In our third survey, in March 2020, we looked at pedestrians and how they felt about nature strips and verge gardens. This is very important because nature strips are public land and if a member of the public complains about your verge garden, you may need to remove it.
Here is what we found…
Everybody thought nature strip gardens made walking more interesting.
“They make the walk enjoyable, relaxing, healing.”
“Badly maintained or foolishly planted verge gardens could make walking more difficult. But I live in in an area where there is no paved footpath, and this also makes for tricky walking, with uneven surfaces, dents, bumps etc in the grass.”
The next question was on neatness and planting.
Most people were neutral about the neatness of gardens and seasonal change but there was a high preference for habitat plants and no use of pesticides or herbicides.
This question inspired some interesting comments:
“Should suit the climate and location. I plant flowers as I don’t have much sun in my garden.”
“Shaded. Multistory vegetation (canopy, shrubs, and ground cover). Teaming with native wildlife. Bird baths, rock walls / logs for lizards. Places that community can gather.”
“If there is no footpath they should provide a space for foot traffic to pass easily”
“Only local indigenous native, no fertilizers, for local animals, insects and birds. Incentivized by local councils.”
“Other than safe, I think its best not to be judgmental. People are different. Celebrate it. About verges, there may be, for instance,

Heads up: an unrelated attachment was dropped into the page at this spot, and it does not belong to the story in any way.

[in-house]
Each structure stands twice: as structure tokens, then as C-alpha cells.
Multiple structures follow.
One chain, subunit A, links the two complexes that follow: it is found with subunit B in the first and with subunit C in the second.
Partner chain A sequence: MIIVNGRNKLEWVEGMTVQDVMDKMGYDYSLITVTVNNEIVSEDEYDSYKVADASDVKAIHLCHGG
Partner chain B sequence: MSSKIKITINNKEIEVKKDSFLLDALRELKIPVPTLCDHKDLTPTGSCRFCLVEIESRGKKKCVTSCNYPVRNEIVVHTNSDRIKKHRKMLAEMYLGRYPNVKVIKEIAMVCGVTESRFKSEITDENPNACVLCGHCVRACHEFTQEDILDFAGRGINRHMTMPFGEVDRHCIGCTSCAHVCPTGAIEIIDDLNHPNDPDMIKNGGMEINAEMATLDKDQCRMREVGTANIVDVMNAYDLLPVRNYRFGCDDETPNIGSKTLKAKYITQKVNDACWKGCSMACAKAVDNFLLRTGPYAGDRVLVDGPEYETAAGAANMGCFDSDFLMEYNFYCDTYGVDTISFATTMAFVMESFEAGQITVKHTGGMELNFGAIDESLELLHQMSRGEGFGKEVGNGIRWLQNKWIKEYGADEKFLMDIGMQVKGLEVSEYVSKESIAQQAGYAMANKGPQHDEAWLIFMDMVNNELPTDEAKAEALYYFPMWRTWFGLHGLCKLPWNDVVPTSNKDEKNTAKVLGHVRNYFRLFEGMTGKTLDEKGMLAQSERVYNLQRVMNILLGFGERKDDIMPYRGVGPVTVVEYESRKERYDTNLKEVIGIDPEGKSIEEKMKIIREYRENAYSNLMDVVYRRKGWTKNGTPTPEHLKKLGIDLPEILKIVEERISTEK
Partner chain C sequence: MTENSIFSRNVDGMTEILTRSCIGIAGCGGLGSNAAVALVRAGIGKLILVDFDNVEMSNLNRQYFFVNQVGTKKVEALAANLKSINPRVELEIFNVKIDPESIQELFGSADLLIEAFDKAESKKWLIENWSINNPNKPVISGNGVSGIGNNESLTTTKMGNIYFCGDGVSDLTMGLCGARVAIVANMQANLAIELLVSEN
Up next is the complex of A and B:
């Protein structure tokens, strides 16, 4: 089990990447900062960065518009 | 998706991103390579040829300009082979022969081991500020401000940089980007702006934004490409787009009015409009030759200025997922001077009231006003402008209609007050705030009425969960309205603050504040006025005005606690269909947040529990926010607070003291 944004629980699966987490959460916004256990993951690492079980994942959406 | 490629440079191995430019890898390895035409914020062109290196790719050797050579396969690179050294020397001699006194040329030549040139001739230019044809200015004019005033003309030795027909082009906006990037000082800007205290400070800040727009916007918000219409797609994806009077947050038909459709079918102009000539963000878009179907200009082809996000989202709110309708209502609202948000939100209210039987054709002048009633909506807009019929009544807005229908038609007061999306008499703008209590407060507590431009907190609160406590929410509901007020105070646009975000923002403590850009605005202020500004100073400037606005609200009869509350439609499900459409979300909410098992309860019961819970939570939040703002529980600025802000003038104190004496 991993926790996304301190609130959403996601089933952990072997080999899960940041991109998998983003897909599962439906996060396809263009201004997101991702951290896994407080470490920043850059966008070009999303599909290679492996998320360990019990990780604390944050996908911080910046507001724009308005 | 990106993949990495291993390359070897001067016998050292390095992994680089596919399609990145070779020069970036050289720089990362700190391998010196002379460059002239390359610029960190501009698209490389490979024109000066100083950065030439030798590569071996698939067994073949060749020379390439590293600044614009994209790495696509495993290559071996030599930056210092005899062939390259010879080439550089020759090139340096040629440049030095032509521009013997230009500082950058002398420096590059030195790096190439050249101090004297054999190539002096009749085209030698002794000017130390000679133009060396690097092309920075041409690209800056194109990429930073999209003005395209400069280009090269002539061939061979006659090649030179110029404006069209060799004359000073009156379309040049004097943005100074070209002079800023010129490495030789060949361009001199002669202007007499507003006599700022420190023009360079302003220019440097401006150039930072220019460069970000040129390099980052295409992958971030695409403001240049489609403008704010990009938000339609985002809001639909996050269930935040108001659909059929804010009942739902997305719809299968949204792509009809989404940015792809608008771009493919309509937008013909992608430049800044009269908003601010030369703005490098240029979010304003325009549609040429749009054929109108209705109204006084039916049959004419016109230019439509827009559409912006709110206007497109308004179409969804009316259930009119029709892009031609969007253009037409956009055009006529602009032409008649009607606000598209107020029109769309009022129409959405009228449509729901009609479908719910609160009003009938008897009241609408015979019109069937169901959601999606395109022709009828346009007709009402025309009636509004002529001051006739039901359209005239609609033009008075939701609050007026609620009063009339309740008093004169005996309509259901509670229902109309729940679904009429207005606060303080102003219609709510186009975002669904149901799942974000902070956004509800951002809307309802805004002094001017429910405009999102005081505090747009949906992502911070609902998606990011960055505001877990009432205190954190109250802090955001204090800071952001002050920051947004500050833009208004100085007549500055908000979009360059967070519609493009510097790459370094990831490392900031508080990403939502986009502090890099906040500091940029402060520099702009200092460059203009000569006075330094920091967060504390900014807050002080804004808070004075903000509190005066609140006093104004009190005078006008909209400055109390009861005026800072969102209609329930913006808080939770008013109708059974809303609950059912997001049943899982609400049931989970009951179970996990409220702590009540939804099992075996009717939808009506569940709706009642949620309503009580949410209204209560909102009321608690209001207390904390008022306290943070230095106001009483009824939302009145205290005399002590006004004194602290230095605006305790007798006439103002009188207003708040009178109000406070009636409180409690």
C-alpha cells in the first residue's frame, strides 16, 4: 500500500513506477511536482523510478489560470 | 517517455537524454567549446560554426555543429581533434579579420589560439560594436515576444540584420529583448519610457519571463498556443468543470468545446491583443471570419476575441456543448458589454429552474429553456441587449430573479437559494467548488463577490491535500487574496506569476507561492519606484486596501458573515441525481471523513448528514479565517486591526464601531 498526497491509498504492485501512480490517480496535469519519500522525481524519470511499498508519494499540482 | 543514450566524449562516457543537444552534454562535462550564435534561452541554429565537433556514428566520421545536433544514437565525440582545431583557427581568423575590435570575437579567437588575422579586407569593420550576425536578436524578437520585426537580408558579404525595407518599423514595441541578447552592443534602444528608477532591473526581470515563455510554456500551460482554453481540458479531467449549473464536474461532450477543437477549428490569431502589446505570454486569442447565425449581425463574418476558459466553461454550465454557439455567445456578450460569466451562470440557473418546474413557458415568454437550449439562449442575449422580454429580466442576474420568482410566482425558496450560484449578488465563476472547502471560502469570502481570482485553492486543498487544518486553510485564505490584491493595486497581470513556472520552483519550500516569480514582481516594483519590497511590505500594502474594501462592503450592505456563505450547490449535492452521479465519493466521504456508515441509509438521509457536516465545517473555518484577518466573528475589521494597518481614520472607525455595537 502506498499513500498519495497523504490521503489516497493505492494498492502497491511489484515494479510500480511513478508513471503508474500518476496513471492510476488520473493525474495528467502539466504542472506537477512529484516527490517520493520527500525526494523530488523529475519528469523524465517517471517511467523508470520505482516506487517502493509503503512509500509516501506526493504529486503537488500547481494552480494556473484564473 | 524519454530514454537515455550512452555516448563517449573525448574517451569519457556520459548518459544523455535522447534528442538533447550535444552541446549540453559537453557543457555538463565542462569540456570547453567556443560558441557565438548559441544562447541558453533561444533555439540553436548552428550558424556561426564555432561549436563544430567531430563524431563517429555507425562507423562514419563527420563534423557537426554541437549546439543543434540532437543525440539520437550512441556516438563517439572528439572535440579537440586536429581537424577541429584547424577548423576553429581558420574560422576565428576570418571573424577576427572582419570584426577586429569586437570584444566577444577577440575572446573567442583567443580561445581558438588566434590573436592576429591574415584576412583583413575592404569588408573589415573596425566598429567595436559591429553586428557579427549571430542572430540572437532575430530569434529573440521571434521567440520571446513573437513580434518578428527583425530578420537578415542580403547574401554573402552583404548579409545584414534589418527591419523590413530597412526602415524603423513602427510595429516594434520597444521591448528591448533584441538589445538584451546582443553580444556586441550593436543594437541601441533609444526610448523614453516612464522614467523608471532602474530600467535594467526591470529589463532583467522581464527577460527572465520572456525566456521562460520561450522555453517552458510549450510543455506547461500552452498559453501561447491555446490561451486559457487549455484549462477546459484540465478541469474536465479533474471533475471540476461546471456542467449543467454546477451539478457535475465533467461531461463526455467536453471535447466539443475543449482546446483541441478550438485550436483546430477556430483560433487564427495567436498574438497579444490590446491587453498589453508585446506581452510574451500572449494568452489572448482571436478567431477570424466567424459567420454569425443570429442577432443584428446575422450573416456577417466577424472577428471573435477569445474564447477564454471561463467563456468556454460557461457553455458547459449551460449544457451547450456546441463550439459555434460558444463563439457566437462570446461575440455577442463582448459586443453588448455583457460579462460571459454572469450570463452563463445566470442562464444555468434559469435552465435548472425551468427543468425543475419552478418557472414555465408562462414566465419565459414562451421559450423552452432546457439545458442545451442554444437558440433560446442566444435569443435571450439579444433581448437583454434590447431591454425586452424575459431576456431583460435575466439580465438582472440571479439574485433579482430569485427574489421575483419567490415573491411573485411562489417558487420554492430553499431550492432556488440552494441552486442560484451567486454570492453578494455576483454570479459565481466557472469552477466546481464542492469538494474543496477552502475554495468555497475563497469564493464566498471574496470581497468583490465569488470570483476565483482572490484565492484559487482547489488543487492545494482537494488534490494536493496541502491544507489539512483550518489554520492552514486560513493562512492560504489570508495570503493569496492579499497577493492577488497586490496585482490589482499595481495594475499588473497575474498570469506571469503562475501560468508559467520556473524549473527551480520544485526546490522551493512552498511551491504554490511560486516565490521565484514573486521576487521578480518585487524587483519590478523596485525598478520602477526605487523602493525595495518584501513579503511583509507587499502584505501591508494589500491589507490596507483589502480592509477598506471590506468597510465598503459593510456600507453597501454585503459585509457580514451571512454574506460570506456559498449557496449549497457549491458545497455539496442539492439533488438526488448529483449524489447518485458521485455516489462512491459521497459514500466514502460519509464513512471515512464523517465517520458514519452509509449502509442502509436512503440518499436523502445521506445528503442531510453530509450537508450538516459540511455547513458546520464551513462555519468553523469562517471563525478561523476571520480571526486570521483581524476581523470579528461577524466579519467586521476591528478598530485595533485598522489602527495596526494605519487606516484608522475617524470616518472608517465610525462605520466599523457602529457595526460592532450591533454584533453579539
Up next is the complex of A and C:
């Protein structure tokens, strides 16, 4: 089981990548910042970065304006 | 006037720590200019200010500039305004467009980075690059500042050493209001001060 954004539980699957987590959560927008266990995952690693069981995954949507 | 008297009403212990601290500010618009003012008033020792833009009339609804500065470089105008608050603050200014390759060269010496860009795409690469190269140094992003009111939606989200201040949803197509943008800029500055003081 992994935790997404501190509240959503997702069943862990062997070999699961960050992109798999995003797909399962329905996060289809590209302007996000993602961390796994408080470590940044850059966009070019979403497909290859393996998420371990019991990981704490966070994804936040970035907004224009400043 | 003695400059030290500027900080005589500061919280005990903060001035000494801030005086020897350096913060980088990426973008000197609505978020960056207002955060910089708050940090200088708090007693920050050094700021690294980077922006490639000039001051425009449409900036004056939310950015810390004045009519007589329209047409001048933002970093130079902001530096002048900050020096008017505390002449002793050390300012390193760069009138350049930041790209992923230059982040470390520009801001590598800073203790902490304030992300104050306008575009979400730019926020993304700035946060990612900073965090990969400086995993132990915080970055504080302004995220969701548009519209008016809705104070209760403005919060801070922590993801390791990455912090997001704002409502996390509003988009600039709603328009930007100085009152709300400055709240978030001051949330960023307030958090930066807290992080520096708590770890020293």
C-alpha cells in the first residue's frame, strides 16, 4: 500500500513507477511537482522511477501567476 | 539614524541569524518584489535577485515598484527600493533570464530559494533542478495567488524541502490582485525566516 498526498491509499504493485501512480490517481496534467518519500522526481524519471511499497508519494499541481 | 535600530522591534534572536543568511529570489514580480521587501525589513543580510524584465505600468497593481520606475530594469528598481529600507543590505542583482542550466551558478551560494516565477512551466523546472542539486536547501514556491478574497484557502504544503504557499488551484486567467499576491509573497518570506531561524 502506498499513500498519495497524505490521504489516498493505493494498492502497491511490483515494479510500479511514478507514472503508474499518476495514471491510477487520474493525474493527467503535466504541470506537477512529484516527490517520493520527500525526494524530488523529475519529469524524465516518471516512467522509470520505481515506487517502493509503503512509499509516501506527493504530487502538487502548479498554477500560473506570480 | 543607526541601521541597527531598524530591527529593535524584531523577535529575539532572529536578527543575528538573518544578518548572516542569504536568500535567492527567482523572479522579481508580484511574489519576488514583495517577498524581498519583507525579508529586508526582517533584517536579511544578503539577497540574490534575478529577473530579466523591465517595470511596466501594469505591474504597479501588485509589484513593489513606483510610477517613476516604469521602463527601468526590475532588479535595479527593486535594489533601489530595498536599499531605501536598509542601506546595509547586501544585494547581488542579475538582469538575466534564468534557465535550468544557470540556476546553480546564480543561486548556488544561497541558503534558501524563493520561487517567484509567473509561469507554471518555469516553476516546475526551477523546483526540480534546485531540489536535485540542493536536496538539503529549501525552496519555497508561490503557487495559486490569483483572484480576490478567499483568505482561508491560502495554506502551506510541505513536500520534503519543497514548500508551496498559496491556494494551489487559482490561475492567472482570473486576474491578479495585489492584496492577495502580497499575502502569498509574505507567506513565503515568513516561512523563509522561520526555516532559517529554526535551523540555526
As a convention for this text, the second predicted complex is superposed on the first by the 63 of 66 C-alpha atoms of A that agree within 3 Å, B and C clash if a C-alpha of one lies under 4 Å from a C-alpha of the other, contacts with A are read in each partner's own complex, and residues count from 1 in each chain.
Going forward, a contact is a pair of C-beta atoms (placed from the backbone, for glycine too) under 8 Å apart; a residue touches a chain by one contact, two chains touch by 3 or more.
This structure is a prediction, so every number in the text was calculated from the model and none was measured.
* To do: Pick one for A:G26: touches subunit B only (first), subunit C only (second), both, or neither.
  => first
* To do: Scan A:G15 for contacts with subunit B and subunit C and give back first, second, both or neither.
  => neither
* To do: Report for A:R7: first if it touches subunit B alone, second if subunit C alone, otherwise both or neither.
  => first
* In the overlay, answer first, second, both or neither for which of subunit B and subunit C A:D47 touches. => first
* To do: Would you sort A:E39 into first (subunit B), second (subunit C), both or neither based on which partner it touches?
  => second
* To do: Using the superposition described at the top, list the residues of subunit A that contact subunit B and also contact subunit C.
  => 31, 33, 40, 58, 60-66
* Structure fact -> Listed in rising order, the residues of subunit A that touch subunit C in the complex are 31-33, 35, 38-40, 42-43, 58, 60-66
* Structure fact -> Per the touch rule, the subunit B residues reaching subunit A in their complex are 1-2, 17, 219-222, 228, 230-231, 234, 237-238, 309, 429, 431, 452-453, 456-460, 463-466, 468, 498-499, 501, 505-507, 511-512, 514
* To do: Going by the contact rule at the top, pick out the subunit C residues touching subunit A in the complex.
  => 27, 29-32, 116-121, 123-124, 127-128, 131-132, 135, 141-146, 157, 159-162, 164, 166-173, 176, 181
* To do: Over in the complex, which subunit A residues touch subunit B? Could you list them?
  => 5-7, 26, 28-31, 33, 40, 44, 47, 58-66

1. A keen cook who uses the verge to grow herbs and – precisely because they are used for cooking – the herbs rarely get to flower and feed bees.
2. On the next street is a person who plants flowering natives and who feels very self-righteous about this.
3. Next street, there’s a person who (like me) is not old yet but who soon will be! With her remaining vigour she plants a verge that will become, once established, low maintenance. Not at all seasonal. Unlike –
4. Her work colleague, who is wild about seasonality and who is convinced that everyone else should be.
5. Then there’s the family with young children, on a quiet street, with not much other garden, and the parents are happy that (supervised) kids potter around on the verge garden and plant their little efforts. It might not look like much but gives a lot of joy to the kids.
And so it goes on. If a person puts time and effort into a verge garden and they don’t obstruct traffic with tall plants (think of the height of a person’s head when they sit in a driver’s seat) or cause problems to pedestrians, then give them a break, even if they don’t do exactly what you’d prefer them to do. These days, everyone’s a critic. (I blame reality TV!) Accentuate the positive.”
“I’m all for MORE gardens While I find a bit of a mix preferable, even monoculture (eg. all lavender) is better than bare ground or grass… Neatness optional *I do hope to have my own in the future, not feasible presently”